All markets need information to function. The financial crisis and now Satyam have injured expectations of transparency. On Wednesday, the Securities and Exchange Board of India (Sebi) helped market transparency by announcing that it would require promoters to disclose shares pledged with banks.
The practice of pledging shares as collateral in exchange for loans has come into the limelight, thanks to the economic slowdown. With prices falling, there is a danger of defaulting on loans. This triggers margin calls at the lenders’ end which, if unmet, can lead to banks seizing shares and even selling them. As reported by Mint on 19 January, these loans pledged against shares worth $15 billion (Rs73,650 crore) by 35 company promoters are raising eyebrows.
Illustration: Jayachandran / Mint
It’s not hard to see why. Thanks to a bank’s liquidation of stock, a small fall in share price can end up becoming a large downward push on the stock, as happened to Satyam in December over the Maytas controversy. More importantly, any dilution in the promoter’s equity stake prompts doubts of company ownership. Yet, when the promoter ends up forfeiting equity, shareholders are left in the dark. So far, this has been legal. After all, every investor uses shares as collateral for loans without disclosures— then why hold up promoters?
Investors care more about the company boss than the ordinary portfolio investor for a combination of reasons. First, the nature and volume of the stock pledged—and potentially dumped by the lender—invites dangers of a price fall or, worse, a takeover. Second, where an ordinary investor operates publicly, the promoter possesses insider knowledge. Risking equity for capital is sometimes a last-ditch effort.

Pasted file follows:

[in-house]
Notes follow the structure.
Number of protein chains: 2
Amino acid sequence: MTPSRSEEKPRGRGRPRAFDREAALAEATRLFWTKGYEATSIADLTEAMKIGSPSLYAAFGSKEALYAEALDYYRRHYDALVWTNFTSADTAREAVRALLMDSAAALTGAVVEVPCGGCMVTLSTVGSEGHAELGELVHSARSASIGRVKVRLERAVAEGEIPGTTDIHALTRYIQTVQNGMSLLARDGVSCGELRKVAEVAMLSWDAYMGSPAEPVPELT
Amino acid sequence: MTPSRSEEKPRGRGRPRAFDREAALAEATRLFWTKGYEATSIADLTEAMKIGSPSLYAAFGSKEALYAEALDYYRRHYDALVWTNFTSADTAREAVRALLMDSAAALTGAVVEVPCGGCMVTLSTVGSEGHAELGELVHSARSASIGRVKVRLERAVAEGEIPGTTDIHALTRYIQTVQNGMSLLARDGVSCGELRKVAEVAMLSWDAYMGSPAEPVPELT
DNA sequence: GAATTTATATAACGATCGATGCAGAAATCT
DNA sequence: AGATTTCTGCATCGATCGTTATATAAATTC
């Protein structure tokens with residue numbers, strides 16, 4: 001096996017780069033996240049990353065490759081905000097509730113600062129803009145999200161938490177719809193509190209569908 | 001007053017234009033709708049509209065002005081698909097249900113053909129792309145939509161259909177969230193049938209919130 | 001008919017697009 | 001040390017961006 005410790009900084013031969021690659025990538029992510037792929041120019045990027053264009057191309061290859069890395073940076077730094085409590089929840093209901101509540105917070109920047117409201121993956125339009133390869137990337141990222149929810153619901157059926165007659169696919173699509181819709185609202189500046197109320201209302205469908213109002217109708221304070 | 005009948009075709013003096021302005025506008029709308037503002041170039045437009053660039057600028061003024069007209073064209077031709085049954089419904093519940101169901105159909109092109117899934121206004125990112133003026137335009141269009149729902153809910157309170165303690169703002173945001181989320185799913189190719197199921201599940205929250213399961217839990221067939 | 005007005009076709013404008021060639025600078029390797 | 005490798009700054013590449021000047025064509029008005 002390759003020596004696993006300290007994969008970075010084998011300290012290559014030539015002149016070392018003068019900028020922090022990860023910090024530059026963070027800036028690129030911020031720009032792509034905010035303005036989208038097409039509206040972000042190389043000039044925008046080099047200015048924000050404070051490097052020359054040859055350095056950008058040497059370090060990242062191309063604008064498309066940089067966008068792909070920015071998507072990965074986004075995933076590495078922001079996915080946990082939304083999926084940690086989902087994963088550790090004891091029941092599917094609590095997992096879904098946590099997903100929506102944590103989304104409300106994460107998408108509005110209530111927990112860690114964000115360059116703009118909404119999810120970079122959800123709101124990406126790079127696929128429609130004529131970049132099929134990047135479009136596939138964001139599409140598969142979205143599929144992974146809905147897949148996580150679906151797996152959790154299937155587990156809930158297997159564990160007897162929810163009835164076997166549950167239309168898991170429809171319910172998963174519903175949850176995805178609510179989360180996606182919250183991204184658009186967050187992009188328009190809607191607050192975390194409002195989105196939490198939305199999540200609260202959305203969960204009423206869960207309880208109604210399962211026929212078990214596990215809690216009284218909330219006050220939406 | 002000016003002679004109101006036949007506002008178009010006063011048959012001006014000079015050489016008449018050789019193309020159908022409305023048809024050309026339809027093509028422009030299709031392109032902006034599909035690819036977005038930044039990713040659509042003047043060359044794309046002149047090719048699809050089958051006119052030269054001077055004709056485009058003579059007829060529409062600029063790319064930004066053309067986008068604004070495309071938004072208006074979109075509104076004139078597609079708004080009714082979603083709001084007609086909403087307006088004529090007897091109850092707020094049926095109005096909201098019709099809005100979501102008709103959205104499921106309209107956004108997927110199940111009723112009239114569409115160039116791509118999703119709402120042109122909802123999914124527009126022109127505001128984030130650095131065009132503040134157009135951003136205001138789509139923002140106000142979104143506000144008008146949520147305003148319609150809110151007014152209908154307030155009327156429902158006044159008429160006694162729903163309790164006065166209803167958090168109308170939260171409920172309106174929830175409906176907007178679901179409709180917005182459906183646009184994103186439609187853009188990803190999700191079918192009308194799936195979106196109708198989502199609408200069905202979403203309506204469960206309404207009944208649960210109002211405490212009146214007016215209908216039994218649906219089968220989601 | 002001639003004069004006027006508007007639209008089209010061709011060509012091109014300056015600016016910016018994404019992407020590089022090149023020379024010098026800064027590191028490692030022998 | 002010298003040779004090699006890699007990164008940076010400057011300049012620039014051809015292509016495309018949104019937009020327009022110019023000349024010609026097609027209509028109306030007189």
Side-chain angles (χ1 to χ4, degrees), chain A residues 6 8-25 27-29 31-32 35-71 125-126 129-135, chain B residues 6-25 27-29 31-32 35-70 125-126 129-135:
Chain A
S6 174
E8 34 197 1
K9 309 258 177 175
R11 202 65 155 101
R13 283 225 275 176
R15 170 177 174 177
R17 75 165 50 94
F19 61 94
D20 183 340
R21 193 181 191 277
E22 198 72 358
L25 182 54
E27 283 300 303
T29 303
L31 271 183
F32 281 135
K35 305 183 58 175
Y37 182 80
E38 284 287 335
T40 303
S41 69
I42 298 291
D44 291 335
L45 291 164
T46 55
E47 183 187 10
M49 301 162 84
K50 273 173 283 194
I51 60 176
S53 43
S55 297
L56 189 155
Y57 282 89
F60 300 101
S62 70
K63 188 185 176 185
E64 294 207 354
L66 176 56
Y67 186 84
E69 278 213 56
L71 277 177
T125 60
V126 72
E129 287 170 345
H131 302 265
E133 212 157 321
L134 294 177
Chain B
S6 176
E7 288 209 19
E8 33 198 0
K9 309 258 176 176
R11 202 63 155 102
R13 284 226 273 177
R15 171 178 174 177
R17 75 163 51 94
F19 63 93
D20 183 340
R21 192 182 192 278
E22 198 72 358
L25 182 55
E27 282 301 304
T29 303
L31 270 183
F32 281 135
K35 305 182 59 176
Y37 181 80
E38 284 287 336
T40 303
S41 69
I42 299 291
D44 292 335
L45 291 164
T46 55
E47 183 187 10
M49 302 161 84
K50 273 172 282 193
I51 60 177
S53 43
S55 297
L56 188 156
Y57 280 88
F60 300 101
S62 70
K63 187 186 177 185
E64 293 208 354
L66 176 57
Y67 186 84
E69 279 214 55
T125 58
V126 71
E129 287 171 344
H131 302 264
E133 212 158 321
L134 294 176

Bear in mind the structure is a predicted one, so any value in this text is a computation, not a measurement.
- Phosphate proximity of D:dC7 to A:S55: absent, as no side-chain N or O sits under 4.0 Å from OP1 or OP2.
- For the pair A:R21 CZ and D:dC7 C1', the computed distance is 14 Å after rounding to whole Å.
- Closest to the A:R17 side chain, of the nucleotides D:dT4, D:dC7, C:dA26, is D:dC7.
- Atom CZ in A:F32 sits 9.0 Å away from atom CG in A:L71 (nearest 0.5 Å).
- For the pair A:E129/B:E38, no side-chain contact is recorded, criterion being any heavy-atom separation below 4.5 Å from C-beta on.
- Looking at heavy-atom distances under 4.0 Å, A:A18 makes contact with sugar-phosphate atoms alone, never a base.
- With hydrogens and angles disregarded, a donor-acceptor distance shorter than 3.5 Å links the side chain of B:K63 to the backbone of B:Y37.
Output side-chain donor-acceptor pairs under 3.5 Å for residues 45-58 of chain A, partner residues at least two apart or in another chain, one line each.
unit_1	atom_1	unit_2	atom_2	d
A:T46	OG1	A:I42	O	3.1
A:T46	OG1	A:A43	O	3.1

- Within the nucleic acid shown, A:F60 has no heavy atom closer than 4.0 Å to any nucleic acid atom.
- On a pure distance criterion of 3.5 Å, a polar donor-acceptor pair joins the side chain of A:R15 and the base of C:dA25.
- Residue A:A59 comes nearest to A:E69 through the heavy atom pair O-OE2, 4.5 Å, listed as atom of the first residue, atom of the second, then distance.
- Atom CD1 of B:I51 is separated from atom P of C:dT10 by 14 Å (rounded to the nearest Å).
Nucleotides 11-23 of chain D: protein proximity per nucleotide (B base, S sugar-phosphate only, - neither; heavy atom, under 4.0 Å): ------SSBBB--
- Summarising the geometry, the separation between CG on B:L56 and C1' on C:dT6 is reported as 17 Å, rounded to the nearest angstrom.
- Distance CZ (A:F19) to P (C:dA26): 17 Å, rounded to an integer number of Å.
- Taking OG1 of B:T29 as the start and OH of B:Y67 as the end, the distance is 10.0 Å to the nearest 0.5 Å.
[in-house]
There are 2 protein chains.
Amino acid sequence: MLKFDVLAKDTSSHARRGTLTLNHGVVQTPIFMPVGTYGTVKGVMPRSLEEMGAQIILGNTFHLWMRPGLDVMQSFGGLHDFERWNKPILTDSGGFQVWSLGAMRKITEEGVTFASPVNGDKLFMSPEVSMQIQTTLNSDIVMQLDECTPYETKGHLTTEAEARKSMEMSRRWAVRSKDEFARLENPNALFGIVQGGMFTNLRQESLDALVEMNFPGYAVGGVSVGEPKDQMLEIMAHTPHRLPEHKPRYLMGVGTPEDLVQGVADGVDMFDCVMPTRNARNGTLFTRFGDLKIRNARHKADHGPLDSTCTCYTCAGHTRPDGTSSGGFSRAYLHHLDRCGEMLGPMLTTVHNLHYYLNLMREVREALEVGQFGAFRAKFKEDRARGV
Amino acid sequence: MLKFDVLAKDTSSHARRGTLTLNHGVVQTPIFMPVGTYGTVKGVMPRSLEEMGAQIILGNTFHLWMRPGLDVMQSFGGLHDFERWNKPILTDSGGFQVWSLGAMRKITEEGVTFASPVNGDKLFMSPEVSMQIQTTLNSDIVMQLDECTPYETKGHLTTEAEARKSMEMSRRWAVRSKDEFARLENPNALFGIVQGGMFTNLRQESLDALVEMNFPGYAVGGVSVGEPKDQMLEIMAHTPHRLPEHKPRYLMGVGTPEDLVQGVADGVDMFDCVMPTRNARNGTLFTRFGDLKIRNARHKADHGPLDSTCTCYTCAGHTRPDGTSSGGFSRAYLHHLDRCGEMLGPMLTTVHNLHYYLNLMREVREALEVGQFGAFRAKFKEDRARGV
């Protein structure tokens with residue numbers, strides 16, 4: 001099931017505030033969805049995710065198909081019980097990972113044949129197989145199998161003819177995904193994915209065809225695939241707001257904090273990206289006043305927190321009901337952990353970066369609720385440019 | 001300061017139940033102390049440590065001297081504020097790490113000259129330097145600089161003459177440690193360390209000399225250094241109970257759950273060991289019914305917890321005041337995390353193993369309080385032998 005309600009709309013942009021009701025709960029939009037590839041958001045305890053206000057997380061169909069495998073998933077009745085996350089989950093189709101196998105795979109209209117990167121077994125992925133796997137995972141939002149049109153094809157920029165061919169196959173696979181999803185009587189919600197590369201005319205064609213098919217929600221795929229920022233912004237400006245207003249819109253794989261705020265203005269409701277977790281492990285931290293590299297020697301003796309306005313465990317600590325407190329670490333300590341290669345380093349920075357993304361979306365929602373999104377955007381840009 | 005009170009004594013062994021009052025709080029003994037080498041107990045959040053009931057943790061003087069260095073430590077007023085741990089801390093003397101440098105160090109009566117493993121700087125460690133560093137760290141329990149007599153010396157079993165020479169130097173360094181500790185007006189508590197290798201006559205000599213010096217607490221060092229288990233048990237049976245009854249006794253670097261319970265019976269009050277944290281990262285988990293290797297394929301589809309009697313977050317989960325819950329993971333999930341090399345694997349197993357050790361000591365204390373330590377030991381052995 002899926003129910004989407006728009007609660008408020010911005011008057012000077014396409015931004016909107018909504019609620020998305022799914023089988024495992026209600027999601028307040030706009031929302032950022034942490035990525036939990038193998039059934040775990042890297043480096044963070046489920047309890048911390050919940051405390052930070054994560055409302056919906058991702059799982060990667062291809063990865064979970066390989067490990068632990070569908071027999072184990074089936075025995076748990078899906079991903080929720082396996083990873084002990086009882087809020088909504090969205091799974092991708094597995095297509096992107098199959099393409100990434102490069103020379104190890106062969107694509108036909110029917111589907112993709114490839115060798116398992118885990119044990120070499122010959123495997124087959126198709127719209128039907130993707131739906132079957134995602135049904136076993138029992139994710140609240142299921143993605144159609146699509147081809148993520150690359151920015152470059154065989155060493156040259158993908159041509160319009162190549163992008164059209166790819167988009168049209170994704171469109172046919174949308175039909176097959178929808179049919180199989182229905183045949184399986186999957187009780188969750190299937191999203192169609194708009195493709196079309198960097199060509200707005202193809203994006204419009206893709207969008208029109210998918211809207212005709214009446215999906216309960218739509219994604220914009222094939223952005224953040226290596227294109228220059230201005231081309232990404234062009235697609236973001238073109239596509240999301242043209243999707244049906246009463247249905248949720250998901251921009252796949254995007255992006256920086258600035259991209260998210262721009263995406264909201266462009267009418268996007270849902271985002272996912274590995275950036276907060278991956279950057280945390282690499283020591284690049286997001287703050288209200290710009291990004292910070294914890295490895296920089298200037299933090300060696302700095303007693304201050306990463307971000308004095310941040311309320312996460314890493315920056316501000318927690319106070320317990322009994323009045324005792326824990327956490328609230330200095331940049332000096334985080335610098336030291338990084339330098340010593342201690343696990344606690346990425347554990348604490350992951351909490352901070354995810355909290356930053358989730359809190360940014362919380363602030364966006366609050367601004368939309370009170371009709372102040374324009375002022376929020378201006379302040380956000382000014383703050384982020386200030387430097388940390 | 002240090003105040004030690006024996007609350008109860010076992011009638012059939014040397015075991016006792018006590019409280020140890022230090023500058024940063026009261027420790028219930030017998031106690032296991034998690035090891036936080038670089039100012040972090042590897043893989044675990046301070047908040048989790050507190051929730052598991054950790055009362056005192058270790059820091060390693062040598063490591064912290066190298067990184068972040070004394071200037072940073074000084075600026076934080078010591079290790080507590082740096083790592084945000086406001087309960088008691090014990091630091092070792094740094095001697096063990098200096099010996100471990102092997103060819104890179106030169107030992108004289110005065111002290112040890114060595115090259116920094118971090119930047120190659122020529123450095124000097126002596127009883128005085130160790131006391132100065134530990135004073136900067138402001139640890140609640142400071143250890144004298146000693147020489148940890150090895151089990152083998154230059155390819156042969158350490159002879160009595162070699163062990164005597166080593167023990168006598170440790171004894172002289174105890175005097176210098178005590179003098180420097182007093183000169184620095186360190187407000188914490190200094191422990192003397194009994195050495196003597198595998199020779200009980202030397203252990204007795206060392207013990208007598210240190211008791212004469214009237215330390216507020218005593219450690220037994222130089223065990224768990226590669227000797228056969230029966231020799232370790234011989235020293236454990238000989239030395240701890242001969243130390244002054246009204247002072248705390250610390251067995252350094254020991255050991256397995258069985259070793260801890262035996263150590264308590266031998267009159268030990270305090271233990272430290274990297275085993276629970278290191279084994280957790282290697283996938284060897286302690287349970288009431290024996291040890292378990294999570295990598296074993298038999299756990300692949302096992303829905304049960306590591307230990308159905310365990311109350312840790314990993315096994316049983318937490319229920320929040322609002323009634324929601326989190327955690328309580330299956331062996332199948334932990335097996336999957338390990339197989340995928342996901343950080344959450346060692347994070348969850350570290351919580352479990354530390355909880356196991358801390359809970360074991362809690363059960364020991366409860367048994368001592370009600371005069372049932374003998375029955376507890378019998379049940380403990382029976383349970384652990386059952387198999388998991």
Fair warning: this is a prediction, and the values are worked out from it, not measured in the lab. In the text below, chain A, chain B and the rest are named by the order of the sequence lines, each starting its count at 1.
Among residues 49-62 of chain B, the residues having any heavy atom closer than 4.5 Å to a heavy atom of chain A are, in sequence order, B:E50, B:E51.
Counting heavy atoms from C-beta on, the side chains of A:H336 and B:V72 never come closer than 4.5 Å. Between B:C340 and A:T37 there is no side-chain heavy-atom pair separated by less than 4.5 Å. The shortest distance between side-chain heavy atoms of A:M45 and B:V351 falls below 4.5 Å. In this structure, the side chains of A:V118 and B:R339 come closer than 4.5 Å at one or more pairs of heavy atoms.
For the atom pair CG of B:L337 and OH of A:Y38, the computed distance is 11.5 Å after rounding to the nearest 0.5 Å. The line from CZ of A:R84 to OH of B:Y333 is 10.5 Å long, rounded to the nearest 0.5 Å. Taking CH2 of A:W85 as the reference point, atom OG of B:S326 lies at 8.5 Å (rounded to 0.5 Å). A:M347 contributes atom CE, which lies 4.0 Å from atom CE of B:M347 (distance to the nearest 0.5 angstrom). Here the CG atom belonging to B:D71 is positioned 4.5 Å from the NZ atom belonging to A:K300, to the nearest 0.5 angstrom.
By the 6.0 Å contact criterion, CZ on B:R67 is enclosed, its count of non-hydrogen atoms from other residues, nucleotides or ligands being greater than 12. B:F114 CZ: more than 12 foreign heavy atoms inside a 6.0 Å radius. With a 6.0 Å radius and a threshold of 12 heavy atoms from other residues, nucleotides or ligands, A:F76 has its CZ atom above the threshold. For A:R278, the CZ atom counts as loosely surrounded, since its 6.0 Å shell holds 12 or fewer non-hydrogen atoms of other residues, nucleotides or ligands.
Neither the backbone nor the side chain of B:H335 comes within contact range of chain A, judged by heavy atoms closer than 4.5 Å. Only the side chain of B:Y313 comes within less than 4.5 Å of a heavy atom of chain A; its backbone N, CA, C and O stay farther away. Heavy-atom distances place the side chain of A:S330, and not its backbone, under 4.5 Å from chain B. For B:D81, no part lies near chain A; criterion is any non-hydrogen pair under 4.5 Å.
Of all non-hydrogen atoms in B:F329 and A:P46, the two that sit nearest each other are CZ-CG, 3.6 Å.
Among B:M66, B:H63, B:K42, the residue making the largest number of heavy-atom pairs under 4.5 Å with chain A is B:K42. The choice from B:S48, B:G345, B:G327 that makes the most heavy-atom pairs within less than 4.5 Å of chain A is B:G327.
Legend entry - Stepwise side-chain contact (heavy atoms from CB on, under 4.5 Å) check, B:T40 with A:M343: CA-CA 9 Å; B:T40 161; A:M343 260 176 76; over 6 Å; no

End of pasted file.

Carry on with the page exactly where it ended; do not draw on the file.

To be sure, promoters can risk their equity for increasing leverage even when the company isn’t in trouble. Whatever the reason, this disclosure allows investors to quiz the promoter, who can still defend a rightful leverage. Such a disclosure can be simply added to existing requirements on buying and selling shares at minimal cost.
This announcement is only a first step. Sebi now has to stay firm on enforcement. For one, chairman C.B. Bhave’s decision to only mandate disclosure for listed companies obscures unlisted subsidiaries continuing the practice.
Though regulators should not overreact post-Satyam, this is one Sebi requirement that can help rectify a legal lapse. Investors across the country can now make sounder decisions.
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